Gendered Poverty: A Role for the Right to Social Security

by | Aug 27, 2012

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Colin Harvey is Professor of Human Rights Law at the School of Law, Queen’s University Belfast|Colin Harvey is Professor of Human Rights Law at the School of Law, Queen’s University Belfast|Colin Harvey is Professor of Human Rights Law at the School of Law, Queen’s University Belfast|Colin Harvey is Professor of Human Rights Law at the School of Law, Queen’s University Belfast

By Beth Goldblatt

The welfare safety net has been eroded in many developed countries over recent decades. Since the global financial crisis, austerity measures involving welfare cutbacks have worsened poverty in a number of European nations. This crisis has also had a major impact on the economies of the developing world, leading to food insecurity, job losses and increased poverty. Poor women, already on the margins, have often been hardest hit. Social security is meant to provide a buffer against hardship and lack of income that arises when people lose jobs, become sick, grow old or face disabilities. It is meant to assist families and provide support to those members of society that do not earn a sufficient income to meet their basic needs. It can also play an important role in addressing gender inequalities that cause the major burden of poverty to be placed on women. In 2007 the UN Committee on Economic, Social and Cultural Rights (CESCR) produced General Comment No. 19 on the right to social security. This statement of interpretation of the right recognises the gender dimensions of poverty and the role of social security, in every society, to directly assist women in need.

By recommending that State parties remove factors that create unequal wage outcomes or address the impact of family responsibilities, the General Comment hints at more structural changes that might be required to the workplace, economy and society. This substantive and more far-reaching approach is needed if gender inequalities in social security are to be addressed. By requiring States to take account of care responsibilities in calculating benefits, it goes considerably further than most countries are doing at present and renders visible care work that is so often naturalised and ignored. It recognises that women generally earn less than men and face greater financial hardship over the course of their working lives.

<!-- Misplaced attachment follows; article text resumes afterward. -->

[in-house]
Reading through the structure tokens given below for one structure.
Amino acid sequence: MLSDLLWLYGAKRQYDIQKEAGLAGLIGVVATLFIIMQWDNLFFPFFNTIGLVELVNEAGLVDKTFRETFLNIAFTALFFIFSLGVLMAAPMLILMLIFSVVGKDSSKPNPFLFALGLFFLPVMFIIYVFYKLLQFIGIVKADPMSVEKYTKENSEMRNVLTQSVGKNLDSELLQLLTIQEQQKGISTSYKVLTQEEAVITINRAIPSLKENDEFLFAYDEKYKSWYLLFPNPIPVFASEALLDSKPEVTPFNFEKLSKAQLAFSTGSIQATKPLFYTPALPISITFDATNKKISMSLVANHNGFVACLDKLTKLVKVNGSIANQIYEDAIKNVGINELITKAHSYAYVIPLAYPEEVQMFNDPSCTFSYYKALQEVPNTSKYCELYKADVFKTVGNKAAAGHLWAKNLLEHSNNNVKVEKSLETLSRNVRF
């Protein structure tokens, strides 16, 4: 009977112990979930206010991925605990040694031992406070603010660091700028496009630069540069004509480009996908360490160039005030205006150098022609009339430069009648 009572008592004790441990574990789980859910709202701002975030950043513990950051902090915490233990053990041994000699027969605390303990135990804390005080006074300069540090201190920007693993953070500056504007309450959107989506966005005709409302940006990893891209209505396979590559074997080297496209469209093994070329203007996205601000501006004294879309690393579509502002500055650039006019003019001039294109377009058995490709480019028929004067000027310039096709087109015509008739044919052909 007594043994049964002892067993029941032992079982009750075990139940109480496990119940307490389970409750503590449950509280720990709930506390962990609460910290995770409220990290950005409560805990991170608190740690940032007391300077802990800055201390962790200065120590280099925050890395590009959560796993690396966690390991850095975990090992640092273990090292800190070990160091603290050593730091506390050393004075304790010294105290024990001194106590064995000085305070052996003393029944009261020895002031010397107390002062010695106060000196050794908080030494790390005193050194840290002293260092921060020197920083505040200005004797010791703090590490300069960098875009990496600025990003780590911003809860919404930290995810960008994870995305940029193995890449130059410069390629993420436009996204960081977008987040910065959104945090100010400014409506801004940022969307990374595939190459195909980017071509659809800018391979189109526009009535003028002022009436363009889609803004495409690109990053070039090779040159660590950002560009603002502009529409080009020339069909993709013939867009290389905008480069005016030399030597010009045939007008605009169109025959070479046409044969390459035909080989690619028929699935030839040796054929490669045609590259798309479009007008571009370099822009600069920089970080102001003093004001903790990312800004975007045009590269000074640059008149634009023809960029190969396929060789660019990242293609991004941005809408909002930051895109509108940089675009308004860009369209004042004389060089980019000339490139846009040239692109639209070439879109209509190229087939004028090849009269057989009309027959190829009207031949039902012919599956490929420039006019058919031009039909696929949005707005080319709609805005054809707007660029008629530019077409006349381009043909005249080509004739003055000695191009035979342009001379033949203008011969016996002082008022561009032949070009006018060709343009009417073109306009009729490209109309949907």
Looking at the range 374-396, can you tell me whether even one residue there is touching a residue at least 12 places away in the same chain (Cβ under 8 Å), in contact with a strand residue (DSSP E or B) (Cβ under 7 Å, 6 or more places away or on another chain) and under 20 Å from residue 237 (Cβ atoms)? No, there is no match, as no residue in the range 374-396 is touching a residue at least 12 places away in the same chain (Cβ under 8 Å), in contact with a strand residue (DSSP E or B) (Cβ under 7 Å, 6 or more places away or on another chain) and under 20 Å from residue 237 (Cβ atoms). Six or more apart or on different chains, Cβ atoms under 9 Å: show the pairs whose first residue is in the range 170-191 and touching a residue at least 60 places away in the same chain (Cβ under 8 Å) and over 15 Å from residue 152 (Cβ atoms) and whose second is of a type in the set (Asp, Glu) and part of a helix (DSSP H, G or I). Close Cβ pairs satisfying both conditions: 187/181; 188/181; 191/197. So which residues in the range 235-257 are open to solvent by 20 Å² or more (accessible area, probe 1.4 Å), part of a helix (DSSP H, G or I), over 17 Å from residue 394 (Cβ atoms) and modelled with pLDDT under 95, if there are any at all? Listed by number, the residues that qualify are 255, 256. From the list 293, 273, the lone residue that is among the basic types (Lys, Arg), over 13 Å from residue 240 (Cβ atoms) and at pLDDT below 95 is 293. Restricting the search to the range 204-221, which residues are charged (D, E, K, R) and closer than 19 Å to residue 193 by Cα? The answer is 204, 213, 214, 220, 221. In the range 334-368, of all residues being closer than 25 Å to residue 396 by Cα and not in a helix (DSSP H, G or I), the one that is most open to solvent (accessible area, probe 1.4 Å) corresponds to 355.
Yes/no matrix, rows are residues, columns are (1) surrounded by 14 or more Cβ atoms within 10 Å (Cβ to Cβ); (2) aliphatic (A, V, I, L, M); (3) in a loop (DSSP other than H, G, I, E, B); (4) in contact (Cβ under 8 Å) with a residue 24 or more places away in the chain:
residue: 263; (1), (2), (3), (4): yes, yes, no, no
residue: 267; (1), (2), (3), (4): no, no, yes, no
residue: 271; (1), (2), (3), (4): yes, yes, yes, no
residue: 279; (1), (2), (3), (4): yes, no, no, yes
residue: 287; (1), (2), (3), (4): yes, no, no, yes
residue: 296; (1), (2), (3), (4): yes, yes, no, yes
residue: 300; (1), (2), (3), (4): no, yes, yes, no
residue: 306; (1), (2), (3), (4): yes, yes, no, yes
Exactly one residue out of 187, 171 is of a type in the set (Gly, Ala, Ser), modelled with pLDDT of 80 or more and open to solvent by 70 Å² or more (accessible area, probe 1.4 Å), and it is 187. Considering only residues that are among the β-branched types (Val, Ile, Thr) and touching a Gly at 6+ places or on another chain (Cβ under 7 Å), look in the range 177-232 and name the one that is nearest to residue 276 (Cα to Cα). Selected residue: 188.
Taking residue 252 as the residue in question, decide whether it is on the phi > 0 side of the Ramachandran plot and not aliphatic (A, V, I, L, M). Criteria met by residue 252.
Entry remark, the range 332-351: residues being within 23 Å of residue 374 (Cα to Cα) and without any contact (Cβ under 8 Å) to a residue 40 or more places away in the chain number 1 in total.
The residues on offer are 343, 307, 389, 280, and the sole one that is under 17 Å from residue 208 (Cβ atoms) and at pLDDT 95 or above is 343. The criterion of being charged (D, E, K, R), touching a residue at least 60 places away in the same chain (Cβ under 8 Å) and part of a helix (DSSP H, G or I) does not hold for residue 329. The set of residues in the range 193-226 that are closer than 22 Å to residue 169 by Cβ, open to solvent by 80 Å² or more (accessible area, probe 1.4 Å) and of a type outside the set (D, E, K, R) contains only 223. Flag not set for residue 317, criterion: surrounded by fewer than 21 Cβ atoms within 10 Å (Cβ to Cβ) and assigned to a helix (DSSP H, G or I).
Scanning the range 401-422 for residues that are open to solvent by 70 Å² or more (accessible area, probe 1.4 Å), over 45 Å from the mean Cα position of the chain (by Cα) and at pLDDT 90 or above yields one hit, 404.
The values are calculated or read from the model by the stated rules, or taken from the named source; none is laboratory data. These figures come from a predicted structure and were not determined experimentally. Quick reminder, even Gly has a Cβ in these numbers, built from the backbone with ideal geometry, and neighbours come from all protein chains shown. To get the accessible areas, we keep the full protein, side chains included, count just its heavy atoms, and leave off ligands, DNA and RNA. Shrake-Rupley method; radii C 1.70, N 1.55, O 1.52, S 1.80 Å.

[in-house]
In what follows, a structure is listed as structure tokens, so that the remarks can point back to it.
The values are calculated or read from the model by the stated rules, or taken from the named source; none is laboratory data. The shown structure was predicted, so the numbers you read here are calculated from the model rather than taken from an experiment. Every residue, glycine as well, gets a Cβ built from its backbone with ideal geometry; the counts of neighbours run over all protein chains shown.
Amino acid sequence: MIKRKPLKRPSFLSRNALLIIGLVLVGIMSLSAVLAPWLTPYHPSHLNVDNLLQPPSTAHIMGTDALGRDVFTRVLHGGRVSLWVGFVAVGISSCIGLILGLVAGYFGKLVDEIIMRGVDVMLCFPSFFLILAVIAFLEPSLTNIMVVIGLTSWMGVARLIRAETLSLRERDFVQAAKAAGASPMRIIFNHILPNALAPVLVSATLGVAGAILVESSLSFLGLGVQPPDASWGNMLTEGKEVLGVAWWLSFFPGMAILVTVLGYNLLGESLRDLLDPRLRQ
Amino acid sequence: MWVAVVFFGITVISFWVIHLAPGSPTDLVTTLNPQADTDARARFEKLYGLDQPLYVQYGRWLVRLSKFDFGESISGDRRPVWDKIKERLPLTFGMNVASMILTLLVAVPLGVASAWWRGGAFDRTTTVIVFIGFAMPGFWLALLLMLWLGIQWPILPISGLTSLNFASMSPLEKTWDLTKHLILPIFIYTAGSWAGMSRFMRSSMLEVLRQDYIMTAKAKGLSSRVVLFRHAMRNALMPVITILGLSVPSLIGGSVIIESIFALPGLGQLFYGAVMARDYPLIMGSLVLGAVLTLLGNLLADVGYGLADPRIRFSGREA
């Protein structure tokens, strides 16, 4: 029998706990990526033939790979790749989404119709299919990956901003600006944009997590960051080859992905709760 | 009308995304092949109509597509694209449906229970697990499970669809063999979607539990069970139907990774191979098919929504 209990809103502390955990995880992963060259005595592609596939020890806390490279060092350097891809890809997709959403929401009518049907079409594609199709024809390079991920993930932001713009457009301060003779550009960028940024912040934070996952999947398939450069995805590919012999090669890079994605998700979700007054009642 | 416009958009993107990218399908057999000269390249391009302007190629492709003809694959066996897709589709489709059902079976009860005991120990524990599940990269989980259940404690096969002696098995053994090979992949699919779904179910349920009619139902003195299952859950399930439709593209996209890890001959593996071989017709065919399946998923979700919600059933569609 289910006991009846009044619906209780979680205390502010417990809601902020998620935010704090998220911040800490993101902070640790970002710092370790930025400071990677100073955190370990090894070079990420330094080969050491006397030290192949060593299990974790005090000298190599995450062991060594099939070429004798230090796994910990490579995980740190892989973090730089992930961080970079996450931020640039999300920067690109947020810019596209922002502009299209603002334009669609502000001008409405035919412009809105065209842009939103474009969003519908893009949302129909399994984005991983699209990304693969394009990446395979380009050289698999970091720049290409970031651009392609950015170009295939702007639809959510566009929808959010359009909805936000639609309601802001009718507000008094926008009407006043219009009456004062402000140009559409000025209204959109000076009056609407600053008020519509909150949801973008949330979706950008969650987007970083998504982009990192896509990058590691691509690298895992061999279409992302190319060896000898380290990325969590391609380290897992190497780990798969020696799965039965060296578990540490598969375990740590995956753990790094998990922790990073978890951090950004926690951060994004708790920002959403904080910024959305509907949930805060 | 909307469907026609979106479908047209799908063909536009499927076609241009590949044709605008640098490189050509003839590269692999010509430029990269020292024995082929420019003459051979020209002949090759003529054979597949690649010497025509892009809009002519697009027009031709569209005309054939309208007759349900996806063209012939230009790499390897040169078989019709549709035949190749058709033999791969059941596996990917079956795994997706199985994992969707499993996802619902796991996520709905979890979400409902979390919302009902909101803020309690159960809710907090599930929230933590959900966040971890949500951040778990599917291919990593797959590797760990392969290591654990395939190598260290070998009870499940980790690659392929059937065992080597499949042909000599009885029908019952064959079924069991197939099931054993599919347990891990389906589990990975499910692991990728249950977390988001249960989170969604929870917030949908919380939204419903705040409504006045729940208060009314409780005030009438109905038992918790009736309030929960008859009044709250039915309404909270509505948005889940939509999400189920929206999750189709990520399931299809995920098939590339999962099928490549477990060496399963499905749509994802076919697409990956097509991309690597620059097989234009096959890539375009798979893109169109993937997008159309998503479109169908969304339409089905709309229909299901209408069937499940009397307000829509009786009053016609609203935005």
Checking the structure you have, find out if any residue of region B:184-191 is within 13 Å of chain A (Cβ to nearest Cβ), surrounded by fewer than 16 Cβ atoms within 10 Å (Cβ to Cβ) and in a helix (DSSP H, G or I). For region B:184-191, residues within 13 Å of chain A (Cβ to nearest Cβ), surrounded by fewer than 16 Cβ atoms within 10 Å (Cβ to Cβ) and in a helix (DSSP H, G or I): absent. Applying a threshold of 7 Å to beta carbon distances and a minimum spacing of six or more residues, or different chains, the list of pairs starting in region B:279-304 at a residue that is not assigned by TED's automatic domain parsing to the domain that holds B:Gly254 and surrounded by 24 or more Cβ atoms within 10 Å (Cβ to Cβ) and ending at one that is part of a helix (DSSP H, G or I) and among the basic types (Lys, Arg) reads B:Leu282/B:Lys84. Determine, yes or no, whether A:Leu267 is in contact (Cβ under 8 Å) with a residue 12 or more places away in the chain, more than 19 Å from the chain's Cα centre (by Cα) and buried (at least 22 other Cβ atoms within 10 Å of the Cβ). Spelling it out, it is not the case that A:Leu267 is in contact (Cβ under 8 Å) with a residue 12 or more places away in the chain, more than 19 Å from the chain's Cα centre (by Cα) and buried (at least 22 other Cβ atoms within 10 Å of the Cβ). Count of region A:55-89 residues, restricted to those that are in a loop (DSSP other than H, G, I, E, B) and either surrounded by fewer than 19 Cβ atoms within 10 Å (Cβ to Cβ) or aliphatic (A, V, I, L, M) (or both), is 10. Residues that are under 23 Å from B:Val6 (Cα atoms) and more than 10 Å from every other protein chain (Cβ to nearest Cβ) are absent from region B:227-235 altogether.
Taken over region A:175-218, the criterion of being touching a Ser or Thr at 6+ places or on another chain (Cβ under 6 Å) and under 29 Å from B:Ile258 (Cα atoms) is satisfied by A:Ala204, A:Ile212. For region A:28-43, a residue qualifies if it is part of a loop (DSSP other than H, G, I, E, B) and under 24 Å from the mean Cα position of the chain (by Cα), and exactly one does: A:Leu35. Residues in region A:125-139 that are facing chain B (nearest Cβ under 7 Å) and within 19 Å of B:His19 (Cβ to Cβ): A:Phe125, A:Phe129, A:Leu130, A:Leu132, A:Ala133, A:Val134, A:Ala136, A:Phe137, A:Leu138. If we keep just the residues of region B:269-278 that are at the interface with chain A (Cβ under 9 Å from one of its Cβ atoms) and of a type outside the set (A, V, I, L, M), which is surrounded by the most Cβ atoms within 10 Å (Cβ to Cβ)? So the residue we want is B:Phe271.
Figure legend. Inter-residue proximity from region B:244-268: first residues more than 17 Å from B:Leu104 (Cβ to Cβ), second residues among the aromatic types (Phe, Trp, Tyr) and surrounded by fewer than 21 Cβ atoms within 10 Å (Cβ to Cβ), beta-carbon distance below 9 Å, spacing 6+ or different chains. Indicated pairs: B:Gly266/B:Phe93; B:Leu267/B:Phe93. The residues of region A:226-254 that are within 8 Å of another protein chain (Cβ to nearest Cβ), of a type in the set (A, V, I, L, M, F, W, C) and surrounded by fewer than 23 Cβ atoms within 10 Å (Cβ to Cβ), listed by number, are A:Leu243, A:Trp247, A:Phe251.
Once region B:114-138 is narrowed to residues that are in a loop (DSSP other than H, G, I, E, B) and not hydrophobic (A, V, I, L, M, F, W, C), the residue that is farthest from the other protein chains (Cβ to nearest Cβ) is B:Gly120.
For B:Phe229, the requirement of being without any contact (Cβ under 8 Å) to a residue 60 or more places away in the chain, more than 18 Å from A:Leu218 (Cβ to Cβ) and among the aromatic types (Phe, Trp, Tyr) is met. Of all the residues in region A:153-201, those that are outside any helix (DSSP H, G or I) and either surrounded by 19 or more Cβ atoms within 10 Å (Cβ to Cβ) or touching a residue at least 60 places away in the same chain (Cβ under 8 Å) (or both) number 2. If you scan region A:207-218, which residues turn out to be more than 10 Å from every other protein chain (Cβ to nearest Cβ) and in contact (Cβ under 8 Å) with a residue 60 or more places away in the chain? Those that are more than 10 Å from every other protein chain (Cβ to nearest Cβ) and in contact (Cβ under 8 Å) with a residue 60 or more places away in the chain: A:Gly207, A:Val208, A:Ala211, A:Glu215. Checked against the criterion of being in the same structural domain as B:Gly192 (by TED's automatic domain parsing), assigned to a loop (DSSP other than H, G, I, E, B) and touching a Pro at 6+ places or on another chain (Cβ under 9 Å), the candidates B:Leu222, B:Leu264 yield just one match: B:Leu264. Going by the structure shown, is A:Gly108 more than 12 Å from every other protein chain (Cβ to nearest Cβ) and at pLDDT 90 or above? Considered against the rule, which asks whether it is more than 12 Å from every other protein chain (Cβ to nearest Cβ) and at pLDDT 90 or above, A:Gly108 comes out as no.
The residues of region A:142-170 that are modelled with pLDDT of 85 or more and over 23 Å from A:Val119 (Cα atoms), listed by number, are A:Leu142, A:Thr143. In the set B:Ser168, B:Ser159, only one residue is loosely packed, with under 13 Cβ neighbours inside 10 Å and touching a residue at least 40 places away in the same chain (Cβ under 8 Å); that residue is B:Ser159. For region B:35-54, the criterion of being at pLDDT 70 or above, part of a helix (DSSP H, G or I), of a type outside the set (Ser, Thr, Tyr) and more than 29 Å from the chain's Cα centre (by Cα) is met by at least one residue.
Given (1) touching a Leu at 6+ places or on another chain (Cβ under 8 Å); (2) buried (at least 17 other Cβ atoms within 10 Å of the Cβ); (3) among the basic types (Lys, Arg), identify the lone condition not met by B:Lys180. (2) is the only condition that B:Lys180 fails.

While women’s unequal care burden is acknowledged, the General Comment does not talk about increasing the role of men in care so as to begin to change gender relations in society. It also does not expressly note that women are often involved in unpaid subsistence work, in family enterprises and in household and reproductive labour which means they have no opportunities to access contributory social insurance. Their labour is not seen as work. In addition, the fact that some members of society have access to higher paid social insurance benefits while others, often women, must settle for more modest social assistance benefits (where these exist at all) raises questions about the role of rights in undoing this more structural inequality. The General Comment makes no mention of violence against women. Violence and sexual harassment affect many women’s earning capacity, requiring them to leave or move jobs or remain unemployed. Addressing gender-based violence and other discriminatory practices along with labour market restructuring and the reconfiguration of care are essential if women are to have equal rights to social security. The right to social security should be seen as a vehicle for addressing women’s poverty and disadvantage and could also play a role in building more gender equal societies.

Beth Goldblatt is a Visiting Fellow of the Australian Human Rights Centre, University of New South Wales, and an Honorary Senior Research Fellow at the University of the Witwatersrand in South Africa. Beth is the co-organiser, with Professor Lucie Lamarche of the University of Ottawa, of the International Initiative to Promote Women’s Right to Social Security and Protection. The Initiative recently held a series of webinars. The papers and videos from the webinars can be accessed at .

A longer version of this post is published in the Human Rights Defender, a magazine of the Australian Human Rights Centre, Issue 21(2) August 2012.

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